OTTAWA — If you work, you shouldn’t be poor, suggested a representative of an anti-poverty group as she called for a bump to Ontario’s minimum wage.
Union representatives echoed her position. A restaurant owner, however, said a hike could cause problems for his 19-employee operation.
People on different sides of the debate over the level of the minimum wage voiced opinions on Thursday, during a stop in Ottawa by a six-member advisory panel that’s to provide recommendations on how the province should determine future changes to the wage.
The panel includes representatives from business, labour and youth groups, and was announced by the government in May to give advice on how to adjust the minimum wage, which has remained at $10.25 an hour ($9.60 for students under 18 and $8.90 for liquor servers) since 2010.
The panel, completing the last of eight regional consultations, heard from just over a dozen people on Thursday, most of whom represented anti-poverty groups, unions and businesses, in a boardroom at the Taggart Family Y downtown.
Like several others, Diane Rochon of the anti-poverty group ACORN said the wage should be $14 in 2013 (a wage set 10 per cent above the poverty line), and indexed to the cost of living.
Tax incentives for small businesses are one way to address concerns they might have while still meeting the needs of employees, Rochon said, and giving more money to low-wage earners will increase their spending and help the economy.
Overall, the panel has heard that people generally feel that the minimum wage should be revised, said Anil Verma, the panel’s chair and director of the Centre for Industrial Relations and Human Resources at the University of Toronto.
“It’s been frozen since 2010 and the history of it before that is that it has gone up in some years and has remained frozen in other years, so there’s no general pattern and it is left to the government of the day to determine if wages should be revised,” Verma said.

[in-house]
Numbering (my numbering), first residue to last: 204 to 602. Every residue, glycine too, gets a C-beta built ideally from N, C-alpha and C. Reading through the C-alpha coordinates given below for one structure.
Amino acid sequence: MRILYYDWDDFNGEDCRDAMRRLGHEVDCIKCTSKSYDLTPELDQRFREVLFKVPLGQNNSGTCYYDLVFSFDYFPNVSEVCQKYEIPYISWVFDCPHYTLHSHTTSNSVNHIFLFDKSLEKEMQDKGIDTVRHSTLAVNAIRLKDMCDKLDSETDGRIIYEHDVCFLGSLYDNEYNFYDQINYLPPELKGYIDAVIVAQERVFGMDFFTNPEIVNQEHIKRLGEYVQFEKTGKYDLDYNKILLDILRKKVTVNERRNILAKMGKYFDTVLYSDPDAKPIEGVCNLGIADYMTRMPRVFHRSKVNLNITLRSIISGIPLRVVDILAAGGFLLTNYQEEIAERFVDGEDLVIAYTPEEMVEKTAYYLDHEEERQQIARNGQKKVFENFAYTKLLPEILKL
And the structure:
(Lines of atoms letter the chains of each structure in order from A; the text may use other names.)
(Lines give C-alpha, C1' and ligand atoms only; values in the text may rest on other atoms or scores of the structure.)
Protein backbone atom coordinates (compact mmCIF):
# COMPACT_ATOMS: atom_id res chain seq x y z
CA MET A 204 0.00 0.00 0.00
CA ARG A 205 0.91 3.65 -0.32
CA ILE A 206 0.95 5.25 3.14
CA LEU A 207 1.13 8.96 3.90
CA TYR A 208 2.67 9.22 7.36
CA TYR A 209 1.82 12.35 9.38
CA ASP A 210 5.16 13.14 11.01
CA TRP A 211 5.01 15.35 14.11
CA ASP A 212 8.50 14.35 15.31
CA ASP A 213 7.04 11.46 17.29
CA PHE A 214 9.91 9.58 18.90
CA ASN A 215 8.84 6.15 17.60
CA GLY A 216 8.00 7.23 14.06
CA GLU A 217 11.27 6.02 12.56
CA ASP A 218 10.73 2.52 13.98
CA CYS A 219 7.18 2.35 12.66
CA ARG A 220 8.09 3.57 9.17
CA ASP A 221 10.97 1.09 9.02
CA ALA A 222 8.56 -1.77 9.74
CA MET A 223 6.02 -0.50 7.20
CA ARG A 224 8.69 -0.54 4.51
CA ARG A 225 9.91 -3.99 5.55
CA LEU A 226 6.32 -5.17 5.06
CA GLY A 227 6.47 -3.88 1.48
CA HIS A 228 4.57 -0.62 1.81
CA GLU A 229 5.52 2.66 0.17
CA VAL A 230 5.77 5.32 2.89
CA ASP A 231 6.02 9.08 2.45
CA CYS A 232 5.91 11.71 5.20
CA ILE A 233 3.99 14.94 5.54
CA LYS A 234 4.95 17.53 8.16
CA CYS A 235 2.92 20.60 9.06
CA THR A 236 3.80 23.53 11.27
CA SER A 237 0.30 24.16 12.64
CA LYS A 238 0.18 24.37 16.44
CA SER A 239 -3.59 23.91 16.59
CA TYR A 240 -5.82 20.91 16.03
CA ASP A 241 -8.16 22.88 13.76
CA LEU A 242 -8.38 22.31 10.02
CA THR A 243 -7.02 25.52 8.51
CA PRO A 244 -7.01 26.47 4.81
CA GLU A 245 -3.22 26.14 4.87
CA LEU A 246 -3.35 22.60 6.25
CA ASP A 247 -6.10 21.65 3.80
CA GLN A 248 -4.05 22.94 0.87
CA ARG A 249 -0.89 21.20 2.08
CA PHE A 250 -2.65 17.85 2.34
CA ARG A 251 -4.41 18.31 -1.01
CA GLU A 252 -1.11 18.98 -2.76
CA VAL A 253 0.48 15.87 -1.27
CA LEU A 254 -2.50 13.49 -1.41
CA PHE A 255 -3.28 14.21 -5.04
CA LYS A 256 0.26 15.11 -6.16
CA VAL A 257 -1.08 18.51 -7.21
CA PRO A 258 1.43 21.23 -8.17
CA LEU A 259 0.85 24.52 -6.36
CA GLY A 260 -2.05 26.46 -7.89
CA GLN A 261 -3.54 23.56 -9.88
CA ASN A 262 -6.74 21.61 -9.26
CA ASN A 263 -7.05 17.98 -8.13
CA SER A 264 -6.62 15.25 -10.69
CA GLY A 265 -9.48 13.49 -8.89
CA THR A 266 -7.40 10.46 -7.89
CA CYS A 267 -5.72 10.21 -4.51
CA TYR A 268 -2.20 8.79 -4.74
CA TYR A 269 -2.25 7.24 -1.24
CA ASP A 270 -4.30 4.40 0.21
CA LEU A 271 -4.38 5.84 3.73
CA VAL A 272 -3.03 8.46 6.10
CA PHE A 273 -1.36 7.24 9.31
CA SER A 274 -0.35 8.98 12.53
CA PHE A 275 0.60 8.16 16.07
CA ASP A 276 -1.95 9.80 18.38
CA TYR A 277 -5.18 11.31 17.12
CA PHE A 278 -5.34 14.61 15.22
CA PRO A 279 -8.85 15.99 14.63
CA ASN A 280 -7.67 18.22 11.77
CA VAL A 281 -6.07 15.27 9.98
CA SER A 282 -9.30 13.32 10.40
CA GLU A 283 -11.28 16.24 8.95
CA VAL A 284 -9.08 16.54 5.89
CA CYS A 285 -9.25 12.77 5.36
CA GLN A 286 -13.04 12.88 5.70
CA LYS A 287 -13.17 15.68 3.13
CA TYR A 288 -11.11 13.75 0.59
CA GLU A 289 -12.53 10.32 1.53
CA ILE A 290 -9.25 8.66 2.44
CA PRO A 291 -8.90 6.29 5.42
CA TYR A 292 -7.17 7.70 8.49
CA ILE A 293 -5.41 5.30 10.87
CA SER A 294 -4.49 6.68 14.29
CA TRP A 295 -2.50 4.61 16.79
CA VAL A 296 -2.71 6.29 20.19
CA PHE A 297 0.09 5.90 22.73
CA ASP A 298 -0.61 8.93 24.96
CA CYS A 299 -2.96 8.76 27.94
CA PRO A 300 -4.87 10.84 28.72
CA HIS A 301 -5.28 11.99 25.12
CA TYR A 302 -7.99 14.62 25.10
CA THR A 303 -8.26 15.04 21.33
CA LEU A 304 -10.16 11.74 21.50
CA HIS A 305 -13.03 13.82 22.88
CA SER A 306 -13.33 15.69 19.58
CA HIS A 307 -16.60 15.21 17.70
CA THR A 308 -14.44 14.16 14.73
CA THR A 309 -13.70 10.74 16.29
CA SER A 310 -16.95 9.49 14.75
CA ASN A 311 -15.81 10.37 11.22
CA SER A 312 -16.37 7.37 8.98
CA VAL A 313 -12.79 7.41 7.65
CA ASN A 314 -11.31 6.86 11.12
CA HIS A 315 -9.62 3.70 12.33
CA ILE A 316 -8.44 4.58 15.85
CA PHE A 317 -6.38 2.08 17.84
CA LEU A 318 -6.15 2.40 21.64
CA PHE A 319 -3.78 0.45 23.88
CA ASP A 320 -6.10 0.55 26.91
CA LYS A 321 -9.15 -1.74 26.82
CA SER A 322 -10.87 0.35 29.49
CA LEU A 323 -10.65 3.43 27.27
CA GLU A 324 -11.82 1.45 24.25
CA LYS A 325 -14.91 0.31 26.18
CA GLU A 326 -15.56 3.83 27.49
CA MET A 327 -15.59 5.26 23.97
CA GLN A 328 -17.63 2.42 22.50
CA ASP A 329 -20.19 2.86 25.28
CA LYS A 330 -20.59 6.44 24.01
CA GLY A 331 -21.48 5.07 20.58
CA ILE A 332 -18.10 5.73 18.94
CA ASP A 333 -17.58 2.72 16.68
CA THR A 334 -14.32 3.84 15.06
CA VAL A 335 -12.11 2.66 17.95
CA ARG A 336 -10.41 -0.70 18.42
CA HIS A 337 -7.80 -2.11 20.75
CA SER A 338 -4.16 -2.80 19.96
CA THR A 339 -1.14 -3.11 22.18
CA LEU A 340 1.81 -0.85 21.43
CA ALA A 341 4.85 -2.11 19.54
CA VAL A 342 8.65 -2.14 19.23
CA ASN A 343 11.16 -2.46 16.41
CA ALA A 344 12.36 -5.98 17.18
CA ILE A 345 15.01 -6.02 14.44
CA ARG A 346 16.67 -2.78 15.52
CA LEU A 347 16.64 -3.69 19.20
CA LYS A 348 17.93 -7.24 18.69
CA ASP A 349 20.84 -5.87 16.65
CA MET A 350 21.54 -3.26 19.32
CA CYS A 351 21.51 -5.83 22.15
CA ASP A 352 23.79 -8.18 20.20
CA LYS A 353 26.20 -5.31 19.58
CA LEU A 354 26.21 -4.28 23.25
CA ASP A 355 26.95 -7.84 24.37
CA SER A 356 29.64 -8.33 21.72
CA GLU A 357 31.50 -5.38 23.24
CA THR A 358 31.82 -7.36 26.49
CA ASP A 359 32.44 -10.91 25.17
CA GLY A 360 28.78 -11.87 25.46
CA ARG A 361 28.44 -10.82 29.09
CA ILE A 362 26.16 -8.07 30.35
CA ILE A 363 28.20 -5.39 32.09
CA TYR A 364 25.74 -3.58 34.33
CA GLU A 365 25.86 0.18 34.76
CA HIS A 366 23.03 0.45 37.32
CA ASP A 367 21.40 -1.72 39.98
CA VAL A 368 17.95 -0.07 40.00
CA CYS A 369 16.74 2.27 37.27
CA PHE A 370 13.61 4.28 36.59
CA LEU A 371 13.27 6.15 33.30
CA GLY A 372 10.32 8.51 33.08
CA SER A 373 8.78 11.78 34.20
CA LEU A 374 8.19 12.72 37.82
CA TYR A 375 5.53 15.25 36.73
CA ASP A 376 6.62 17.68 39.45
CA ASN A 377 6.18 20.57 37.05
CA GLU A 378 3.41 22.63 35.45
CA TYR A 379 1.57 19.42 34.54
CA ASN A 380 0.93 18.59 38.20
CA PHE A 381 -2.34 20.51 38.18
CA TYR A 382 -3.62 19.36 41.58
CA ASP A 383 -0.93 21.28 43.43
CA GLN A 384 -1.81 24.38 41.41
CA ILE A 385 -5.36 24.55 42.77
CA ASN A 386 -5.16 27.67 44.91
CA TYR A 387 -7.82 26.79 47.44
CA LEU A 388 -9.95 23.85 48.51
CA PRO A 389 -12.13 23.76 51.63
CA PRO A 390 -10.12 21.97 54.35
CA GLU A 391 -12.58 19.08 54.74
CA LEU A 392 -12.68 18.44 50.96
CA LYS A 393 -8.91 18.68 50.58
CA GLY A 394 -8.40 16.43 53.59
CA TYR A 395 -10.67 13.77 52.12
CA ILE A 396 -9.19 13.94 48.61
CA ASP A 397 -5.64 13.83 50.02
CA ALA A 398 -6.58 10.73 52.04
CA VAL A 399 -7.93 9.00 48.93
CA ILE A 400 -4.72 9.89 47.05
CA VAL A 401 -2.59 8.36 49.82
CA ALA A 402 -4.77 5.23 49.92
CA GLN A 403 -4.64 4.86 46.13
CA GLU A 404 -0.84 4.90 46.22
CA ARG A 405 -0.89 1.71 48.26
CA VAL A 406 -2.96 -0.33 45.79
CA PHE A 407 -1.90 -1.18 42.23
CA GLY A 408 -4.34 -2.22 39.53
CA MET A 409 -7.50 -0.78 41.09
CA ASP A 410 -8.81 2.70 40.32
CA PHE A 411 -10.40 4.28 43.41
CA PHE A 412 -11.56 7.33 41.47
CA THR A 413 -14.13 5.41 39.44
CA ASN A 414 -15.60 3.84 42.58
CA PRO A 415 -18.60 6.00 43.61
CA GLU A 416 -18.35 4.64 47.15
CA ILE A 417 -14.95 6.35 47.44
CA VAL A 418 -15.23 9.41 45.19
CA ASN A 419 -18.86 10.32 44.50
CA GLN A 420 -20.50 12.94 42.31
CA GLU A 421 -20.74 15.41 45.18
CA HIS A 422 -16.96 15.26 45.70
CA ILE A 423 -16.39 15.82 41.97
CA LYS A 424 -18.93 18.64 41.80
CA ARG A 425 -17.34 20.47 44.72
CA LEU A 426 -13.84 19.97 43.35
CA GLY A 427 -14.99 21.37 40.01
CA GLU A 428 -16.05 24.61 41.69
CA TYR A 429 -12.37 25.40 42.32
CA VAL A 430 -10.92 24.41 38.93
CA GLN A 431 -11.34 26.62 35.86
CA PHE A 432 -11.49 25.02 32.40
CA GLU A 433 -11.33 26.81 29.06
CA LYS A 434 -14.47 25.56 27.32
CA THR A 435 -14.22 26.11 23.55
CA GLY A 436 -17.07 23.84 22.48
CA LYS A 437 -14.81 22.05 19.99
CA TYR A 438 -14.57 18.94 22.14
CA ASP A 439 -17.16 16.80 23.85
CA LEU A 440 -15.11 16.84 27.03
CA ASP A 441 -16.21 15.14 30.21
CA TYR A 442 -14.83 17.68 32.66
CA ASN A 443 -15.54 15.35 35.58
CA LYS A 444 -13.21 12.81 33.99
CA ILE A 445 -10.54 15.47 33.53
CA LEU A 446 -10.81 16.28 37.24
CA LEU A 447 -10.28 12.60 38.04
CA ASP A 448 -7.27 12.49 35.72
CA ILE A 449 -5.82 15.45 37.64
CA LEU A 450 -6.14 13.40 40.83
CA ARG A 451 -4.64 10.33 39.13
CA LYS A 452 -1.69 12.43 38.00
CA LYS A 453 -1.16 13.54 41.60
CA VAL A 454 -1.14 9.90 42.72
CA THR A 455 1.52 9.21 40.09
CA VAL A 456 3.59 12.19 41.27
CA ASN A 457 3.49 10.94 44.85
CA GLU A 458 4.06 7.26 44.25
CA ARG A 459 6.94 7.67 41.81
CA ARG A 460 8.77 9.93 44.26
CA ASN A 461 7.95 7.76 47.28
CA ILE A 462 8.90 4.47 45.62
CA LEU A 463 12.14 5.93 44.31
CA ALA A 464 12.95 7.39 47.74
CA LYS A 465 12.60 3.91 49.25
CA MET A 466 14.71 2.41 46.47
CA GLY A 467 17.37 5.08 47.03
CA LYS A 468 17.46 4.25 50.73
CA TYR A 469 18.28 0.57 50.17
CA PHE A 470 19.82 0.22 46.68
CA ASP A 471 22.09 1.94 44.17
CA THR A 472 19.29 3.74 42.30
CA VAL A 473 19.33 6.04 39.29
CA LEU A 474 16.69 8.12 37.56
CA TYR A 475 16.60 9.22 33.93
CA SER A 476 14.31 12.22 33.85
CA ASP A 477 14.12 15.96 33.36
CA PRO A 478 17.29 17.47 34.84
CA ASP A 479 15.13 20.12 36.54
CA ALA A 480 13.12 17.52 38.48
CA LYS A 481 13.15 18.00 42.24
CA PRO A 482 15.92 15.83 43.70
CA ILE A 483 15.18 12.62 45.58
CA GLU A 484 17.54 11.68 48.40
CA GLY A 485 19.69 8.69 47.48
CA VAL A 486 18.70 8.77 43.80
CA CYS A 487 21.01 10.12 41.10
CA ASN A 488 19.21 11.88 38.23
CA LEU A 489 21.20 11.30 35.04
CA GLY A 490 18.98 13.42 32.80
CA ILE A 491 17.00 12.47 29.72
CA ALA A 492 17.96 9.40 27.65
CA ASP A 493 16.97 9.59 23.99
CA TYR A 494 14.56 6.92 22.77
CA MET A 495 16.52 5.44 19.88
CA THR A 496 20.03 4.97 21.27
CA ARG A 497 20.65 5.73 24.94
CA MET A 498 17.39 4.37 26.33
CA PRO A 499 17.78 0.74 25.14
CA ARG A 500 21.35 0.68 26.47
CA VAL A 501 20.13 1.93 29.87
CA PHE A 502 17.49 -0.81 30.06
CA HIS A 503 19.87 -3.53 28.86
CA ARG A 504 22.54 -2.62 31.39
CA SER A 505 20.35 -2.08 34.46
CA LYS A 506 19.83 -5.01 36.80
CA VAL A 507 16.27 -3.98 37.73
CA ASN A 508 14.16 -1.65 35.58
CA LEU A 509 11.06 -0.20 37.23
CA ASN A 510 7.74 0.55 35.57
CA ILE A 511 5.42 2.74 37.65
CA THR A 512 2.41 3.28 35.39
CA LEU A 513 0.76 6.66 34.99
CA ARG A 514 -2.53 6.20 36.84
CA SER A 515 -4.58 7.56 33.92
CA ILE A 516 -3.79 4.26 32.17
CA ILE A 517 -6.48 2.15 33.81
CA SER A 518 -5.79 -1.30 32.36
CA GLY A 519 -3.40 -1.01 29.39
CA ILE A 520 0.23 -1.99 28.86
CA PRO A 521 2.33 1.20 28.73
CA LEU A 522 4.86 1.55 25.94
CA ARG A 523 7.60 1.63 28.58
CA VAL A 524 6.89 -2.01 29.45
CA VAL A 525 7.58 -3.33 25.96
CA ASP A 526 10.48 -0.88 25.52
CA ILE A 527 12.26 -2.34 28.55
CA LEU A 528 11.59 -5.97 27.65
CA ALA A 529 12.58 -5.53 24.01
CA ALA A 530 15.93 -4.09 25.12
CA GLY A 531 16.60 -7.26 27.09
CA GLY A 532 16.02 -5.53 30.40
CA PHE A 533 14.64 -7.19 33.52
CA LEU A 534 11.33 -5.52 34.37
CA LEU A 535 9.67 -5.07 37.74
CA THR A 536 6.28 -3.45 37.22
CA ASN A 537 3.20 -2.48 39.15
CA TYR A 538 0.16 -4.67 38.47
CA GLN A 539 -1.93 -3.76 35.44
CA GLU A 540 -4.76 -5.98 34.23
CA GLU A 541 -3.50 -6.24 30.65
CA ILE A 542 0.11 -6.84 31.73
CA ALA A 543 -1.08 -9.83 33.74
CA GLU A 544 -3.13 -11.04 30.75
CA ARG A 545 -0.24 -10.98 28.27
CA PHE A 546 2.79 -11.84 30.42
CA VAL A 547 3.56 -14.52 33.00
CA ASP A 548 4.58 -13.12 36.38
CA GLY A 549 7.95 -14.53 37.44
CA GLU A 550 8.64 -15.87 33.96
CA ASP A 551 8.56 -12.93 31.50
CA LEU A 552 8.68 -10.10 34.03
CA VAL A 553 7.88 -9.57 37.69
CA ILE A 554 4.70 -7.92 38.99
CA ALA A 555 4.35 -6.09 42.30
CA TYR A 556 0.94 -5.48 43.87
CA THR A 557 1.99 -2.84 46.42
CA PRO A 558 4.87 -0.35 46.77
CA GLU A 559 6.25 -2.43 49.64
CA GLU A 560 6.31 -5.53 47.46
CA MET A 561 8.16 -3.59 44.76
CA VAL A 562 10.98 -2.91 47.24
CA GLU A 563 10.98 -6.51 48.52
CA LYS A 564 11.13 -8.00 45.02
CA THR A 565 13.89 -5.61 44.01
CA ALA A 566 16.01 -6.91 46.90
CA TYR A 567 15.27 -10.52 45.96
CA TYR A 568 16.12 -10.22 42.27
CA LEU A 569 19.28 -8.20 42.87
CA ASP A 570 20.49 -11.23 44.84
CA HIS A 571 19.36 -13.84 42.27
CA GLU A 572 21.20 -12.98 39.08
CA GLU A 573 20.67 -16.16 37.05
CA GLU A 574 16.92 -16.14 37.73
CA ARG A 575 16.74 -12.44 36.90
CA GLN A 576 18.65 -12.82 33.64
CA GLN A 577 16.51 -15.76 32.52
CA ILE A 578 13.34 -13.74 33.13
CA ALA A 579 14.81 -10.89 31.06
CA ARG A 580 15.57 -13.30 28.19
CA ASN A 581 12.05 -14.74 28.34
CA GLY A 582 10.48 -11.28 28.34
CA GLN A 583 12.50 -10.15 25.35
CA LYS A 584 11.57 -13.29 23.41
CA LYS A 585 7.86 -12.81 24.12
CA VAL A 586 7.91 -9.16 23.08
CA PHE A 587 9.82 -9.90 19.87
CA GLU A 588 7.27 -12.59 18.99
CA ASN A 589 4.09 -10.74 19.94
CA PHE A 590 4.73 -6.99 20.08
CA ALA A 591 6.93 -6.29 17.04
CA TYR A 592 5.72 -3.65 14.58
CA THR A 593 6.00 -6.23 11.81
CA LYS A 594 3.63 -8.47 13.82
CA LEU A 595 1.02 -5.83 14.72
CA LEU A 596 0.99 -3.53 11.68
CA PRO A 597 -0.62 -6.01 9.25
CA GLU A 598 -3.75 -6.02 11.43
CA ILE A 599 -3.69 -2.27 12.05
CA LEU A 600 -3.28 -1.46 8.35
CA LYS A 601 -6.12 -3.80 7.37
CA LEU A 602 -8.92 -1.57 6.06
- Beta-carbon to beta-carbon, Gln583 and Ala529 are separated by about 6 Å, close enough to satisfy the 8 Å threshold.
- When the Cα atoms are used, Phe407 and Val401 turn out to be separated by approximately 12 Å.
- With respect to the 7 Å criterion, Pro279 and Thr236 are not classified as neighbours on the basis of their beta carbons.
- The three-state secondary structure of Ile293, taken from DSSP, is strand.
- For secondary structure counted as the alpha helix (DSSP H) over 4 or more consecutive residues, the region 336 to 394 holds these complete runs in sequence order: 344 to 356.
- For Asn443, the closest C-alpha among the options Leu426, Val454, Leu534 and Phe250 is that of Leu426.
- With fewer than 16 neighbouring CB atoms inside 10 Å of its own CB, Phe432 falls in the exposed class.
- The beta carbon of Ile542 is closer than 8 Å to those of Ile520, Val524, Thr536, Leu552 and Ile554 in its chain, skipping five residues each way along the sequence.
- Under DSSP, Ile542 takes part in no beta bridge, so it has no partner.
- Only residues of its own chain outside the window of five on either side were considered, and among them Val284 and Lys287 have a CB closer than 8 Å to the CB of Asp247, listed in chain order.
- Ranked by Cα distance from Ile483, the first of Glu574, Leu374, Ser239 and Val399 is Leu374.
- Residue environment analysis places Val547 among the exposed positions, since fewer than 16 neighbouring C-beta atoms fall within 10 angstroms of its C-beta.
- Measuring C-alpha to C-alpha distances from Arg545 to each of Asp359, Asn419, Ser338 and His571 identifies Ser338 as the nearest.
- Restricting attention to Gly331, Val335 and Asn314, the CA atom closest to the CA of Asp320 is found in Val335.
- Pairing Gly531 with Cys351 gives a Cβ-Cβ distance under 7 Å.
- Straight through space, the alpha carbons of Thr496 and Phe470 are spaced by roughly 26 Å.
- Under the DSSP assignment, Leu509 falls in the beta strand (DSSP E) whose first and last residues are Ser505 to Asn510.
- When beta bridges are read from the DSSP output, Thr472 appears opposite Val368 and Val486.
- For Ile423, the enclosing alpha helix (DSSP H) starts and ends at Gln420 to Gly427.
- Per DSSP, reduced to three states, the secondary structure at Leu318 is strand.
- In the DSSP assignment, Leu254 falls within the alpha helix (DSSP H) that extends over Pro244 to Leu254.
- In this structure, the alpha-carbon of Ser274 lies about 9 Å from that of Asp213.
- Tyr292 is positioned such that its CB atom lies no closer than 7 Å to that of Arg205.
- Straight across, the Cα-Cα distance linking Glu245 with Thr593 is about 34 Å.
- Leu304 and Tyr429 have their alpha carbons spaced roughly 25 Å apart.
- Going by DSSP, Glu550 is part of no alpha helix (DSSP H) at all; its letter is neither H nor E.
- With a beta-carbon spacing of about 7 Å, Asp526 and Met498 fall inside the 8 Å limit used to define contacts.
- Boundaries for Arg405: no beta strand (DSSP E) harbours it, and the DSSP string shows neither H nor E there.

“What we are hearing right across the board is people saying that we should have a system that’s transparent, it is predictable and it is fair, so those are the key principles around which they would like to see changes in the way we devise the wages.”
Another common refrain has been that the wage should at least be tied to inflation, Verma said, and the panel will also look at how often changes should be made.
Businesses have also called for notice of when increases are to occur, to help them with planning, Verma said.
It’s important to avoid large swings in the wage, said Kevin Schooley of the Ontario Berry Growers Association, whose members rely on seasonal employment — often temporary foreign workers who are paid at the minimum wage.
His industry faces competition, particularly from the United States, and couldn’t support the proposed hike to $14, said Schooley, though increases tied to the cost-of-living wouldn’t be so bad.
Ron Spirito, who has owned the Southern Cross Grill on Queen restaurant for seven years, said he has concerns about higher-paid employees potentially seeking the same increase as others who get the minimum wage, which would lead to further costs.
Restaurants in Ottawa have felt the effect of government job cuts as people become hesitant about spending, he added.
Citing various statistics and studies, other presenters on both sides offered several ideas on the best way forward. The panel aims to provide recommendations to the government by mid-December.
Article by Neco Cockburn for The Ottawa Citizen